On 23 January 1942, Japanese forces under Major General Horii Tomitaro invaded New Britain, capturing Rabaul from its Australian garrison, known as Lark Force. Moving into mainland New Guinea on 8 March, Japanese forces then occupied Lae and Salamaua. The Australian defenders (code-named Kanga Force) retreated to the mountain town of Wau while the Japanese moved against the ports of Madang, Finschhafen, and Wewak. For the next 10 months, there was a stalemate as both sides poured resources into the Papuan Campaign.
When the Papuan Campaign ended on 25 January 1943, 1,000 Japanese survivors escaped into New Guinea. That month the Japanese dispatched to New Guinea Lieutenant General Adachi Hatazo's Eighteenth Army. This included the 6th Air Division. The Japanese 41st Division deployed to Wewak, the 20th Division deployed to Madang, and part of the 51st Division was dispatched to Lae/Salamaua.
To oppose the Japanese, General Douglas MacArthur had the U.S. 32nd and 41st Divisions and the Australian 6th and 7th Divisions and a militia brigade. The 32nd Division was not immediately available as a consequence of battle losses, and two of the brigades of the Australian 7th Division were temporarily deployed to Ceylon. The remaining brigade was sent to New Guinea to reinforce the militia brigade there. Australia was raising more militia, and its veteran 9th Division returned from Egypt in February. MacArthur also had the U.S. Fifth Fleet as well as the Royal Australian Air Force and the small U.S. Seventh Fleet comprising U.S., Australian, and Dutch warships.
To recover the initiative, Adachi ordered his 102nd Regiment to attack Wau on 16 January. By 28 January, the Japanese had driven Kanga Force to the edge of Wau Airfield, but the Australian 17th Brigade then flew in under Japanese fire to reinforce Wau. The fighting lasted until 30 January, when the Japanese retreated to Salamaua. This defeat depleted the Japanese forces available to defend Lae/Salamaua. Thus on 28 February, the bulk of the Japanese 51st Division boarded 8 merchantmen at Rabaul and, escorted by 8 destroyers, this force sailed for Lae.
On 1 March, Allied aircraft spotted this convoy in the Bismarck Sea. MacArthur's air commander, Lieutenant General George Kenney, attacked with 181 aircraft. Employing skip-bombing techniques, during 2–5 March Kenney's planes destroyed all 8 Japanese transports and 4 destroyers, resulting in the loss of some 3,700 men. Only 850 Japanese soldiers reached Lae. In retaliation, the Japanese launched I Operation to destroy Allied air power in Papua and Guadalcanal. Between 11 and 14 April, Japanese aircraft struck Oro Bay, Milne Bay, and Port Moresby, destroying 2 Dutch merchantmen and 45 Allied planes. But Japanese aircraft losses were higher.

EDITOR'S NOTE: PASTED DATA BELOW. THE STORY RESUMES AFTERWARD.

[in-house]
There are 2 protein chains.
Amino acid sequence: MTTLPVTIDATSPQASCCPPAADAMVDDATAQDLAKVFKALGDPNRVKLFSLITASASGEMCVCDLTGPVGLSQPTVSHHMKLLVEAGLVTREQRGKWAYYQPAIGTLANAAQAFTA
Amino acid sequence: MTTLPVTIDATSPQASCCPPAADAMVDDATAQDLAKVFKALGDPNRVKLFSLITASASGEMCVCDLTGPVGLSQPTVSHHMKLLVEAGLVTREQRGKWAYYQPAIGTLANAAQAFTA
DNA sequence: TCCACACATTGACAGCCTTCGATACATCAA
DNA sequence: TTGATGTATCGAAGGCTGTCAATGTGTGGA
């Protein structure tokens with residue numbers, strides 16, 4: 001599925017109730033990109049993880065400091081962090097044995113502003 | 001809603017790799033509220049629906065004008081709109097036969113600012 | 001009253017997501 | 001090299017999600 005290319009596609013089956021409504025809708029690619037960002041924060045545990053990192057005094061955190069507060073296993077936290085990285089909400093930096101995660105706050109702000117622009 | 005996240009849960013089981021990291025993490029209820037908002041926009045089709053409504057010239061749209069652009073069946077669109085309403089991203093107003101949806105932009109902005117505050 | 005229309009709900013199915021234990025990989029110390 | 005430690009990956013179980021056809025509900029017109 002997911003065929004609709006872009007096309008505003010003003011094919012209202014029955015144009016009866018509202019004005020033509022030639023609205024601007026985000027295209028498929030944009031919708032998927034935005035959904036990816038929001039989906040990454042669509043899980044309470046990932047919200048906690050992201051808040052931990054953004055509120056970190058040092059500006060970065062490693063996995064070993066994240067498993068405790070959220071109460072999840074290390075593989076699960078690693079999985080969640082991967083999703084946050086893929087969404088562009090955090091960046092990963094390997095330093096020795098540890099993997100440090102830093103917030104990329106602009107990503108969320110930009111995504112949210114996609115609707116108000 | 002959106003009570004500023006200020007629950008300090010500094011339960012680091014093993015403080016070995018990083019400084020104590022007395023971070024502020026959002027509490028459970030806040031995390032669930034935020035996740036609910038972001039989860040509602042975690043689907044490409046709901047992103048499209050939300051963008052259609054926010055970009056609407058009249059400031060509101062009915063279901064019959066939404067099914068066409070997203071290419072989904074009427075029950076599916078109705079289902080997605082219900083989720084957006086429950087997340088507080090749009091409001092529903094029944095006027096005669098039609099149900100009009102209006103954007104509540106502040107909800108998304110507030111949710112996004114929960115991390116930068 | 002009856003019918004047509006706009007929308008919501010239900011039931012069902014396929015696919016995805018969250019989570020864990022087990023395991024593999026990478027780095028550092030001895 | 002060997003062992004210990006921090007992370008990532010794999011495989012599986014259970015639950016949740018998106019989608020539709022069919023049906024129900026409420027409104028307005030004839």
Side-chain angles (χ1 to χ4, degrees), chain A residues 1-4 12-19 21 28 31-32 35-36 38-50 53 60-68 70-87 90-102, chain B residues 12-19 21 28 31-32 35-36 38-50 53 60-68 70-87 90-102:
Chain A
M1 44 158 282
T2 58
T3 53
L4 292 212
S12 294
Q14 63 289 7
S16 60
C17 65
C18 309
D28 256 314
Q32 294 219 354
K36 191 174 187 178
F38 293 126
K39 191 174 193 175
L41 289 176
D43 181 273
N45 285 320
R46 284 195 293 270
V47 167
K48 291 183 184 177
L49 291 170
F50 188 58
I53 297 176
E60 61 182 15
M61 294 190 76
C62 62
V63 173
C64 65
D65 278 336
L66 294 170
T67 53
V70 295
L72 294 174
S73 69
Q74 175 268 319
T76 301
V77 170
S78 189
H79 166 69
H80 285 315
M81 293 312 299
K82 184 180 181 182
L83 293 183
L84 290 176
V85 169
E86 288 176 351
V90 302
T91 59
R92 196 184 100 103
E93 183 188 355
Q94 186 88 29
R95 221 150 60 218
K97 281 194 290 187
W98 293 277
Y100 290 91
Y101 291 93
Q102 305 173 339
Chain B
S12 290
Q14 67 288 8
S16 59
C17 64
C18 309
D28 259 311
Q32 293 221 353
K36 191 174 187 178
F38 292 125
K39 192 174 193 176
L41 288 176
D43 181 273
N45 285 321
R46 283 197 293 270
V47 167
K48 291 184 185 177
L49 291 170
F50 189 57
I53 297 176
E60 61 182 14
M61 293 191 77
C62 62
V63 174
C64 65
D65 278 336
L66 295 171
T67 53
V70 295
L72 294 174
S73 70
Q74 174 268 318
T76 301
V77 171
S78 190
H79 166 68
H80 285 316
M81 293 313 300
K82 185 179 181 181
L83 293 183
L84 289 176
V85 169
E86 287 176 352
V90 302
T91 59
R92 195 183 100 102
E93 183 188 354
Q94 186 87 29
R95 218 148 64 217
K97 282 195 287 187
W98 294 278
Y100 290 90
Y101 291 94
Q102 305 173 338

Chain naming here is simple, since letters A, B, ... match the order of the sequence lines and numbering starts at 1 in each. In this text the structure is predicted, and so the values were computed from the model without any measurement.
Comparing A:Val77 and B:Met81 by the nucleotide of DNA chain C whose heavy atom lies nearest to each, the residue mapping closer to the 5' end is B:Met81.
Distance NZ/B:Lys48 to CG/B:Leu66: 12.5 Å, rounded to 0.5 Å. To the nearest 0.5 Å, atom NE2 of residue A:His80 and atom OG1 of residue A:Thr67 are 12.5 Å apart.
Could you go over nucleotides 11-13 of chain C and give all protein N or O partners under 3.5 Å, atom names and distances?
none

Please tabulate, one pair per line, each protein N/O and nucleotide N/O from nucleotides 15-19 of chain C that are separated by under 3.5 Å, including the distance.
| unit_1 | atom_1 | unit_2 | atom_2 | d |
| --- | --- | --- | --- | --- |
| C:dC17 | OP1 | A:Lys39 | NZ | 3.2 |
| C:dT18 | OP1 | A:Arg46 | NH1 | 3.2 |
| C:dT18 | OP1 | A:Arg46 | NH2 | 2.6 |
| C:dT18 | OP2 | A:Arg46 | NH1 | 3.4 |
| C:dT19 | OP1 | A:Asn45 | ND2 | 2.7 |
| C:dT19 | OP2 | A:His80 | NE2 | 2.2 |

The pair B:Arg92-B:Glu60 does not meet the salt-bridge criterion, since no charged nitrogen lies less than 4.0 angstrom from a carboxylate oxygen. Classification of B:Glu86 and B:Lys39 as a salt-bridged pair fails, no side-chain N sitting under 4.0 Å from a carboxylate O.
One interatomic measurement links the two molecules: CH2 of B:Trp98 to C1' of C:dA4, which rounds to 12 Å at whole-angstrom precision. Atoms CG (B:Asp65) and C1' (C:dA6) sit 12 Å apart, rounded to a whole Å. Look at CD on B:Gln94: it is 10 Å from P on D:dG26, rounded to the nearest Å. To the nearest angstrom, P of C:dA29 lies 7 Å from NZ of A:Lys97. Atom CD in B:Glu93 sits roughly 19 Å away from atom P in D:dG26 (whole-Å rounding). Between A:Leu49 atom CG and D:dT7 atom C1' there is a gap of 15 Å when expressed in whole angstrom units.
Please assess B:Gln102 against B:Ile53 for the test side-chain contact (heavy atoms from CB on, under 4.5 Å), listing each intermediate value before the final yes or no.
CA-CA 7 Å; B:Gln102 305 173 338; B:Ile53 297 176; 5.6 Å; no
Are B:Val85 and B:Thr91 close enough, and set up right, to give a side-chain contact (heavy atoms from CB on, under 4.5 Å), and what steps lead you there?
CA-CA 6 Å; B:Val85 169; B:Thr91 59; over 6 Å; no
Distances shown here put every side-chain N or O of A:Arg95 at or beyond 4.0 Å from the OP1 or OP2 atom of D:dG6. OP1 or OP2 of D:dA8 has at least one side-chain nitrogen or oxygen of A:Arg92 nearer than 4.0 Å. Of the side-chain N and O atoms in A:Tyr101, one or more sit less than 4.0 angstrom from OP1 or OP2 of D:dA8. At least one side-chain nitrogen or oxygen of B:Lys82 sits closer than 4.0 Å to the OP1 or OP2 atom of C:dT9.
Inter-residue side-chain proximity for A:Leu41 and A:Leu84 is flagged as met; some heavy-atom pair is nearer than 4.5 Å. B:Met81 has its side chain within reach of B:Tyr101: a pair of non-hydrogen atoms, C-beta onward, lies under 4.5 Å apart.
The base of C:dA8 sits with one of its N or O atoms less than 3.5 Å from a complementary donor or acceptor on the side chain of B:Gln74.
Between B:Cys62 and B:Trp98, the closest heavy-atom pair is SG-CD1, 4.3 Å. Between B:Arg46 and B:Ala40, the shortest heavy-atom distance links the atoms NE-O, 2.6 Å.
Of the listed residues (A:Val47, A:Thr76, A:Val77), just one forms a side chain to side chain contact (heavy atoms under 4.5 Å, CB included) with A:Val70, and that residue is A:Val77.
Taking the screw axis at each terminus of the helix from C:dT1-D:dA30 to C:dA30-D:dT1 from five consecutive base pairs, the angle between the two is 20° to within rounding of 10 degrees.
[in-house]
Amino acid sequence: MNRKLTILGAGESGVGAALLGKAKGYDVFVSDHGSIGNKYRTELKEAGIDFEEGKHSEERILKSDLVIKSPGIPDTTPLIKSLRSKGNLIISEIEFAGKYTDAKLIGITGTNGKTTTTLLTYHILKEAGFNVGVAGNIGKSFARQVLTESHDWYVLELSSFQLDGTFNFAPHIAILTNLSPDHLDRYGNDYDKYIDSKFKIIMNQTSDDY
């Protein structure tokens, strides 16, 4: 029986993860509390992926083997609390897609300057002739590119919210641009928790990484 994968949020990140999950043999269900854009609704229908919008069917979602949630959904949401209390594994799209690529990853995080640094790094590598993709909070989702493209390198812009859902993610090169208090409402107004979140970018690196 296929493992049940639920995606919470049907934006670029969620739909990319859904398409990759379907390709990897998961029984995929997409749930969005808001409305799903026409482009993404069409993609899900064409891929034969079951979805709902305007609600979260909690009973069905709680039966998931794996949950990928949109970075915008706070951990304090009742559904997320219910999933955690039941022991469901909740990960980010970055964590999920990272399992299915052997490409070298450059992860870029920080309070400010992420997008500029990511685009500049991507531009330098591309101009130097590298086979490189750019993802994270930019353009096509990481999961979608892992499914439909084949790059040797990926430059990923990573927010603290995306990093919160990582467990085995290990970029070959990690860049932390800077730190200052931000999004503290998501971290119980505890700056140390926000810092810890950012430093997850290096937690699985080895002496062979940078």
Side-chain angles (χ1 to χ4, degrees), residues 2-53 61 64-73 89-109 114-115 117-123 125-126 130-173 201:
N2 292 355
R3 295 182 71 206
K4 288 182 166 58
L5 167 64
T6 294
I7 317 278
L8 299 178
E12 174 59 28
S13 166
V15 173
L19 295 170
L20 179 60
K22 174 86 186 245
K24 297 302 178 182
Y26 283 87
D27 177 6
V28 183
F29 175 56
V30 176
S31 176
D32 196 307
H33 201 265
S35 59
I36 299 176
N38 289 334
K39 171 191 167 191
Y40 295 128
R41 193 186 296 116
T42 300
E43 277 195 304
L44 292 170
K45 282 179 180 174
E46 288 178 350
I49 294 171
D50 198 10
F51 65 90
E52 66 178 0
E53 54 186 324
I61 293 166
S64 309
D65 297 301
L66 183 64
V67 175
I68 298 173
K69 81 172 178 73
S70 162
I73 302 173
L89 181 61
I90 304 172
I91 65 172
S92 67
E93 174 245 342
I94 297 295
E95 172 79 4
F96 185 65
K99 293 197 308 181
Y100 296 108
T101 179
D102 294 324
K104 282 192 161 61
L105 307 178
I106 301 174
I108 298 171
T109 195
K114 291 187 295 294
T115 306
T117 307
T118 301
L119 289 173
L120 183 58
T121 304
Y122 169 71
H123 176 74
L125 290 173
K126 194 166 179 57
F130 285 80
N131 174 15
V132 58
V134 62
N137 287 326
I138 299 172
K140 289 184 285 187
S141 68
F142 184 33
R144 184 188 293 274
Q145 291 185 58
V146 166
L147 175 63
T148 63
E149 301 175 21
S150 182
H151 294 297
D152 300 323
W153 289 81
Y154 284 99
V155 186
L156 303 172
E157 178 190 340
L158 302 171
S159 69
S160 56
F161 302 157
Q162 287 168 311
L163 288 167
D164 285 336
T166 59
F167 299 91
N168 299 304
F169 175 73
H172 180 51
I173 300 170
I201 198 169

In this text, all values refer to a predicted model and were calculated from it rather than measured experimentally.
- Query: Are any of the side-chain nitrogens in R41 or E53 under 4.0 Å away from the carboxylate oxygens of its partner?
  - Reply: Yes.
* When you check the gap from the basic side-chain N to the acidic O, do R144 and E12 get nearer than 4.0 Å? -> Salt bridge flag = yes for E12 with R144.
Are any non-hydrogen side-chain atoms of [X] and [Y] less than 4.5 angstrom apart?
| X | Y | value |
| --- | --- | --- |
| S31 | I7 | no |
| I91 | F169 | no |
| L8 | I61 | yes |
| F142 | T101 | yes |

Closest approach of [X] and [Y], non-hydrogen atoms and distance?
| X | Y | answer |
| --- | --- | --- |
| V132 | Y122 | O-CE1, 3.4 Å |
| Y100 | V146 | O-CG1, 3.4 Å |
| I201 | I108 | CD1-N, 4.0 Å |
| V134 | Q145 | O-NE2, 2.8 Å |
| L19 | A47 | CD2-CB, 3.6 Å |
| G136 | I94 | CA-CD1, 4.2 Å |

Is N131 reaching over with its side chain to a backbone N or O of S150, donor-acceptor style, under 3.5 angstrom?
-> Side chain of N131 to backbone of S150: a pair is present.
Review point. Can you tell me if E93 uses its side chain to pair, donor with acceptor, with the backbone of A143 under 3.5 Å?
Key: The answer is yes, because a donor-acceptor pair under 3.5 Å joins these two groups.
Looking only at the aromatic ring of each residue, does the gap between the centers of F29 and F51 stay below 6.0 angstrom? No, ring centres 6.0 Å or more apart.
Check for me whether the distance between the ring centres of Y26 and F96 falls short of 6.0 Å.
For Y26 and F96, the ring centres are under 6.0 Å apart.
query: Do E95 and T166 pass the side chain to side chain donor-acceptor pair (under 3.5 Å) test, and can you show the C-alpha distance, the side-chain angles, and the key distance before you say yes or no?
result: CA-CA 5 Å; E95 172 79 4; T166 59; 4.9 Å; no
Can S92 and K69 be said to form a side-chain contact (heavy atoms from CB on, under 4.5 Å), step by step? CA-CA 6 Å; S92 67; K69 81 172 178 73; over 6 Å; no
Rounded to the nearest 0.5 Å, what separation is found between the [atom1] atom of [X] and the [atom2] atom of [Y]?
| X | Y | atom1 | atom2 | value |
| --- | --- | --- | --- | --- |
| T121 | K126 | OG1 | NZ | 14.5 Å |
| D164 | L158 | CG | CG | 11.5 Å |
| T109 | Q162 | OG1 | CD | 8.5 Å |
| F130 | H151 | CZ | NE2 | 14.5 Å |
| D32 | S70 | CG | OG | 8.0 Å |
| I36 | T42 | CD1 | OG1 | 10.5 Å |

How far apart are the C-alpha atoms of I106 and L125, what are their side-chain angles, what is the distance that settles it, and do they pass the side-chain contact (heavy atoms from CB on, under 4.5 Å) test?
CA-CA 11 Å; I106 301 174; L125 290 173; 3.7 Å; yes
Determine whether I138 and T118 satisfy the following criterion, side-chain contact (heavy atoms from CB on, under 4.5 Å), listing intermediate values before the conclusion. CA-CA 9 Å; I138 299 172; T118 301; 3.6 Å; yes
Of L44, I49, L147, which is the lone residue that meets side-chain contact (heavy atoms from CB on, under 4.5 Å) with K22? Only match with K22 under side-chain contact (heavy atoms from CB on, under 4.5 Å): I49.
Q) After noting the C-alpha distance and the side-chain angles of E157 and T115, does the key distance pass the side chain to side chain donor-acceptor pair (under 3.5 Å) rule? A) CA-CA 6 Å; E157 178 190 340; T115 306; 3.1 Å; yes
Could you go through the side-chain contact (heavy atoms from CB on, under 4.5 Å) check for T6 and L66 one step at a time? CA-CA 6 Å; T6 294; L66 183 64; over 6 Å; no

Both sides now slowly built up their forces. The Japanese used barges and submarines to reinforce Lae/Salamaua. MacArthur flew troops into Wau. During April, the Australian 3rd Division assembled at Wau and began to push toward Salamaua. MacArthur needed a coastal base for his twin offensives against Lae and Salamaua, and in the Seventh Fleet's first amphibious operation, the U.S. MacKechnie Force (named for Colonel Archibald R. MacKechnie) seized Nassau Bay on 29 June 1943. The Americans then moved up the coast toward Salamaua, linking up with the Australians on 21 July. Distracted by this threat, the Japanese were surprised by a U.S. airborne drop on Nazab in the Markham Valley on 1 September. Allied forces quickly constructed airfields to receive the 7th Division, which began an inland advance on Lae. The 9th Division then landed north of Lae on 4 September. The encircled Japanese abandoned Salamaua on 17 September and Lae the next day and retreated into the interior.